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OC hotels stop labor organizing by asking employees one question: Are you here legally?

Photo by Jack GouldThe Crowne Plaza Resort can certainly kill a union. On April 2, management at the Garden Grove hotel sent a letter to dozens of workers, including many who were involved in a two-year effort to organize its employees. Aimed at identifying and firing undocumented workers, the letter read, "We have been notified by the Social Security Administration Offices that either your name and/or Social Security number that you have provided to the hotel does not agree with their records. Failure to furnish us the appropriate documentation may result in termination of your employment."

At the Crowne Plaza, the letter ended the campaign to organize the hotel's lowest-paid workers. But the hotel says that was an unintended consequence.

"This isn't something the company did [on its own], but something we were required to do," said Dianne Anderson, the Crowne Plaza's human resources director. "We were told to check certain employee records by the Social Security Administration. I think it happens at this time of year because it's tax season and all our employee tax forms have been sent out."

But Jaime Torres, a field organizer with Local 681 of the Hotel & Restaurant Employees (HERE) union in Anaheim, believes the letter was part of a deliberate plan to derail the unionizing effort. He notes that Crowne Plaza workers received their warning letter just days after the U.S. Supreme Court ruled on March 27 that illegal immigrants fired during union campaigns have no right to sue the company.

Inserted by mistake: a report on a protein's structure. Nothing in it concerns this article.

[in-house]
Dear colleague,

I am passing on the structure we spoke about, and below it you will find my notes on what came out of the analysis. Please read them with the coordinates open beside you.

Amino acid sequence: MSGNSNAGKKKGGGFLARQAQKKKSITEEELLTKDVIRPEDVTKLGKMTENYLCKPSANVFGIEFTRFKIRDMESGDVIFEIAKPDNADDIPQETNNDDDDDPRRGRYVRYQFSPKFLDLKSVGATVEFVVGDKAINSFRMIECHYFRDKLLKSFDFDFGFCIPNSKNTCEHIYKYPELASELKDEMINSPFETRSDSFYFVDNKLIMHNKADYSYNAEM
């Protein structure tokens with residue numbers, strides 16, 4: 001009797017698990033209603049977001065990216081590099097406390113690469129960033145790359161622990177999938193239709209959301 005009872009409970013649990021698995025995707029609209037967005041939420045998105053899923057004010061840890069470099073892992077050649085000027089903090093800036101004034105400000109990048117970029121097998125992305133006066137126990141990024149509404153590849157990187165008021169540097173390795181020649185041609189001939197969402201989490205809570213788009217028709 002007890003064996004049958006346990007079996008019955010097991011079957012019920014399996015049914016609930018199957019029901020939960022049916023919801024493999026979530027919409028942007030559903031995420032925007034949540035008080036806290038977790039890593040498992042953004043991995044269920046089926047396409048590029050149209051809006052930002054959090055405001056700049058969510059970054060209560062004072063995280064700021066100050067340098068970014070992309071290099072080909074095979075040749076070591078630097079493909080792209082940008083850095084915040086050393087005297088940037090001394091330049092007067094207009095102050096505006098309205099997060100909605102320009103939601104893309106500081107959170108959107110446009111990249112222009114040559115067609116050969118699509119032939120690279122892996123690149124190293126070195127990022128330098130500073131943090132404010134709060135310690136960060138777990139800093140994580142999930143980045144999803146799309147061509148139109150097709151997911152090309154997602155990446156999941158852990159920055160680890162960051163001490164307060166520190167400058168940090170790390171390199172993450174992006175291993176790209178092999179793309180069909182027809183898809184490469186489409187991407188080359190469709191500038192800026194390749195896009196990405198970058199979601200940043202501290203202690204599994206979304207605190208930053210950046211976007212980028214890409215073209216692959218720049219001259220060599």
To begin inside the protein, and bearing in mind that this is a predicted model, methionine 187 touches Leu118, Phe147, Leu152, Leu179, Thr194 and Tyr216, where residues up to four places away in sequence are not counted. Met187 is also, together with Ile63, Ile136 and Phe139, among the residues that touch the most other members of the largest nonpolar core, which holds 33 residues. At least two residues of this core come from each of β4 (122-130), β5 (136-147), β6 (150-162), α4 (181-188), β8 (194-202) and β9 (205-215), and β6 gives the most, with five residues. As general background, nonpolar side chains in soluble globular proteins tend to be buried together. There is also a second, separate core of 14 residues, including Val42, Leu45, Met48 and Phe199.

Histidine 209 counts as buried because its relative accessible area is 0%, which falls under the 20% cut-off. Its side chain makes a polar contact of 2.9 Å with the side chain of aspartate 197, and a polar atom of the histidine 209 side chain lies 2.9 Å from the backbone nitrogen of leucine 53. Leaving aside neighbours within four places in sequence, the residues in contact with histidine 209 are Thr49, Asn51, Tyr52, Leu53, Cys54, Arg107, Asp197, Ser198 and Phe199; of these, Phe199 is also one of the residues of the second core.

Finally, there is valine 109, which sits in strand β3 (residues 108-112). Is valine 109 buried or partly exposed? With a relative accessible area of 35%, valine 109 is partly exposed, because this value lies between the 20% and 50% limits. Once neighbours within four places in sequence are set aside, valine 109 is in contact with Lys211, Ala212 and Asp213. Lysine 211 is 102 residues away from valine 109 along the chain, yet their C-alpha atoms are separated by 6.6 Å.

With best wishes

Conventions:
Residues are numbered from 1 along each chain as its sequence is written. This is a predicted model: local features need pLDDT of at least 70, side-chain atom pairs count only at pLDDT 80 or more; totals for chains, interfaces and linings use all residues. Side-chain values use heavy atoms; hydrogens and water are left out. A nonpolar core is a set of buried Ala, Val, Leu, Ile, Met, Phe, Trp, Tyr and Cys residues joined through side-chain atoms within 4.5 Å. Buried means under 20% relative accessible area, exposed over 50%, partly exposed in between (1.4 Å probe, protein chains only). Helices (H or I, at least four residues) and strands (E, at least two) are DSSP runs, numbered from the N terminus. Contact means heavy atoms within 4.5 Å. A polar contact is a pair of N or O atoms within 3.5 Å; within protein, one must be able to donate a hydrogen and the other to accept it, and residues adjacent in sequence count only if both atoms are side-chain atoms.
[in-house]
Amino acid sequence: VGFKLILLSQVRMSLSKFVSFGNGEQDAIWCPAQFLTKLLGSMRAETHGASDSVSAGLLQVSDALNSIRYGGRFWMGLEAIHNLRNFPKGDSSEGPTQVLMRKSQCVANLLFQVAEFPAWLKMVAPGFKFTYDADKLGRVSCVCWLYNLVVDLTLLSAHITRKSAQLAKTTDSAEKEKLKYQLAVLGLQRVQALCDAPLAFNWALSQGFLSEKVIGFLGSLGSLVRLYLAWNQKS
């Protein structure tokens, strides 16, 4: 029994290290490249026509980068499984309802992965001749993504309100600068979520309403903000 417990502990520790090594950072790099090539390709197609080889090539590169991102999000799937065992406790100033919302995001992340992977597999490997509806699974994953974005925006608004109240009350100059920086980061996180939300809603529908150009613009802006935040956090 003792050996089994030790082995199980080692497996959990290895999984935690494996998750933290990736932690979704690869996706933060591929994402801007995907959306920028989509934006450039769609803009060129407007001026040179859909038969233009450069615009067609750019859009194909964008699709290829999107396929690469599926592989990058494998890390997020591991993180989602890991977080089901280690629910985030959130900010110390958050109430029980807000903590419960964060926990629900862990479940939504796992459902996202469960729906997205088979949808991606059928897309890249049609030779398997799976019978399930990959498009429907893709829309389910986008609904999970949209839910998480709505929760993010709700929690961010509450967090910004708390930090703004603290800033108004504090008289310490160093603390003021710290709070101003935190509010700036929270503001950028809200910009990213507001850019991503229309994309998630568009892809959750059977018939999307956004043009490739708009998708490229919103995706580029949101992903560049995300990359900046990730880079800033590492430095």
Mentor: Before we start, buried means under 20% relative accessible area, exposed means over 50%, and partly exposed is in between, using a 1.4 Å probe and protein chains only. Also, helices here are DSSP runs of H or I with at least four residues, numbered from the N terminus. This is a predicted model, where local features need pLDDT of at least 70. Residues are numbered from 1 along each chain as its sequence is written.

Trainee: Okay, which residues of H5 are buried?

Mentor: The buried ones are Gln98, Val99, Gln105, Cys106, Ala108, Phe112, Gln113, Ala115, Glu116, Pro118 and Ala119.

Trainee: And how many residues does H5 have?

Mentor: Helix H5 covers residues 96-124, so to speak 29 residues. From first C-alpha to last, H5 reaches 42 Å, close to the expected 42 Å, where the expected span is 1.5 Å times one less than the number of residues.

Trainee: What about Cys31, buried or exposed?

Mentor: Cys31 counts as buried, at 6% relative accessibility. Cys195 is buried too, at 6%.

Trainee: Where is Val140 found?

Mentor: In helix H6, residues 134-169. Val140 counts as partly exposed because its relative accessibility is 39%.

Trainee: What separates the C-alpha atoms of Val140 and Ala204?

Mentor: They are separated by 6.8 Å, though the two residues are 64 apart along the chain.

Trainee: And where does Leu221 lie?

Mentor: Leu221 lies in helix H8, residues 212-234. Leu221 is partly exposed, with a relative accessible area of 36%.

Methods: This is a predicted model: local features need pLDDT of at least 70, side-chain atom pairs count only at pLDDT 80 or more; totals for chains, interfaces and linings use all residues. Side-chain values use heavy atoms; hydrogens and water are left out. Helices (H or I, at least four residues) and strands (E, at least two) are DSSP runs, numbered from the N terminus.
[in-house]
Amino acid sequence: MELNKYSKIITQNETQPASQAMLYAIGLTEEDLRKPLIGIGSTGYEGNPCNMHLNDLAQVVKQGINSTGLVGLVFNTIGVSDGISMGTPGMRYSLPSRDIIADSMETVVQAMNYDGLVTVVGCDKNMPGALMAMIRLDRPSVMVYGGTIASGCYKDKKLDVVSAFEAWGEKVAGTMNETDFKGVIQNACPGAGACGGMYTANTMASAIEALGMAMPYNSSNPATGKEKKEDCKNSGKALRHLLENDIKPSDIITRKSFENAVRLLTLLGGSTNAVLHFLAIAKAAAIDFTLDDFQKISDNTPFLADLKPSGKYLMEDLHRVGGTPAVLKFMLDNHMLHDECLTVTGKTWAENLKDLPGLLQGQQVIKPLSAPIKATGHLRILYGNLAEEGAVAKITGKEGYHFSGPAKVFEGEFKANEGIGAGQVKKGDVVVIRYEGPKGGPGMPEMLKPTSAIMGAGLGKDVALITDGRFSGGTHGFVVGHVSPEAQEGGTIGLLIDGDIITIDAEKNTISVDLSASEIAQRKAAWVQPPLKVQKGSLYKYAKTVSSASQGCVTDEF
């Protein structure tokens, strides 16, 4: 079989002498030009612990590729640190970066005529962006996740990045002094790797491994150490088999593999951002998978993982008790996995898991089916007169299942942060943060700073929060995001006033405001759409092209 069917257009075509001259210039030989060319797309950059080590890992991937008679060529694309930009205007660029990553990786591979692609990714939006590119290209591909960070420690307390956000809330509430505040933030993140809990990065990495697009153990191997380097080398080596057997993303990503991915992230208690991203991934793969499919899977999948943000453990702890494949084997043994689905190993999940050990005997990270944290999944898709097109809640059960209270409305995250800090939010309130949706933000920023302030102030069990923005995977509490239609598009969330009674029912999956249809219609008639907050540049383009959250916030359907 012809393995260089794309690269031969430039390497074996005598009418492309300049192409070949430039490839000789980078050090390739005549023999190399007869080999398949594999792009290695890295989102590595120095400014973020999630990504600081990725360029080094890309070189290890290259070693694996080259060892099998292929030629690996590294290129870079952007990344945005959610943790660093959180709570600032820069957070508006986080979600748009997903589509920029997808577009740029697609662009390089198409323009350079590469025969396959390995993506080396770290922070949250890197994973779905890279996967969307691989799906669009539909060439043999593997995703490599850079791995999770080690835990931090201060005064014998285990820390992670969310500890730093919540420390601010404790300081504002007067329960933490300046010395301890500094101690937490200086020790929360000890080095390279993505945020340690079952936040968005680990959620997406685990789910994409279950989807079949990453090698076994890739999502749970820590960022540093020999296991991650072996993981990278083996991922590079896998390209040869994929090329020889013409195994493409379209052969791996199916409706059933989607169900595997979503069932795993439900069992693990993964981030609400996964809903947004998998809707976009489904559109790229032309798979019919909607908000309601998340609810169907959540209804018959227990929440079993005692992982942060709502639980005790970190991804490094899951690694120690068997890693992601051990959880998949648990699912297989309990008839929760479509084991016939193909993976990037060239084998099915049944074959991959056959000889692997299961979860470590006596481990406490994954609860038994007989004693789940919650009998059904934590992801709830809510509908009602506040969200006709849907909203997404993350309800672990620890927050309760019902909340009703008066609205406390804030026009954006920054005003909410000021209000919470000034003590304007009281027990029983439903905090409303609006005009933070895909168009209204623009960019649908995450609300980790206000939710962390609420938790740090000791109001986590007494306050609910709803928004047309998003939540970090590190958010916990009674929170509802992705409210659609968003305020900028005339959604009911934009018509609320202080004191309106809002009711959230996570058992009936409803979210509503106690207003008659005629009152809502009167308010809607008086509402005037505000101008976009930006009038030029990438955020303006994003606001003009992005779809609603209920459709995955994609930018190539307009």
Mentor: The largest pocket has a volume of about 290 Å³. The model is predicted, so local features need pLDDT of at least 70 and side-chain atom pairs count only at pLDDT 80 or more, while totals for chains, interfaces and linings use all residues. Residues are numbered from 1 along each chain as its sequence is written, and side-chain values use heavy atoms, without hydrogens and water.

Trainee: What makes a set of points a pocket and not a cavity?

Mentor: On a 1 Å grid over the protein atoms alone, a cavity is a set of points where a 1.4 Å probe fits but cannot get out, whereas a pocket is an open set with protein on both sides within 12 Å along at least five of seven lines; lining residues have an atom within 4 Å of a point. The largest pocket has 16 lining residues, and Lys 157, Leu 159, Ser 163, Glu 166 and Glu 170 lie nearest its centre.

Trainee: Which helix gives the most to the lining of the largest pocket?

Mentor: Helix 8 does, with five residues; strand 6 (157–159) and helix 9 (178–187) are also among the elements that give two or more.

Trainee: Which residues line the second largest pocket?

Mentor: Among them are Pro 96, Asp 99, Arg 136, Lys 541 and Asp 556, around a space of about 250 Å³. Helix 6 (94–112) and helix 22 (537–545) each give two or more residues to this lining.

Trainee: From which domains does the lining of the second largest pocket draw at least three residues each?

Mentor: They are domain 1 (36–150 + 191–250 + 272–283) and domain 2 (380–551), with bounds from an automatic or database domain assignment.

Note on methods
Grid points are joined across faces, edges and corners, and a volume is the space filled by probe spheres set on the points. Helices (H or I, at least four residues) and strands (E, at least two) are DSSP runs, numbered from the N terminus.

Torres believes the ruling will only encourage more firings at Orange County hotels. "If a company knows the union is organizing a hotel, they will only have to say to the workers, 'Please give us your Social Security numbers,'" he said.

"I don't think we can do anything about it," Torres continued. "I talked to Hermandad [Mexicana Nacional] and every labor organization in the county, but the hotels need to request the Social Security numbers and are using this necessity to exploit their workers. They hire them for a year, which is when they would have to give them a raise. Then they ask them for their documents, fire anyone who doesn't have them, and hire new workers at a lower wage."

The Supreme Court's decision only makes legal a tactic other hotels have already employed. When Anaheim Marriott Hotel informed 100 workers on Feb. 28 that they would lose their jobs if they failed to produce Social Security numbers, Torres says, dozens of workers involved in the union campaign were fired. Still more dismissals are on the way, even though the union says it has ceased organizing the workers.

"We're talking to some workers at some of the hotels, but we have no active plans to organize," Torres concluded. "We have two full-time organizers, including myself, but we have no active campaign."

 
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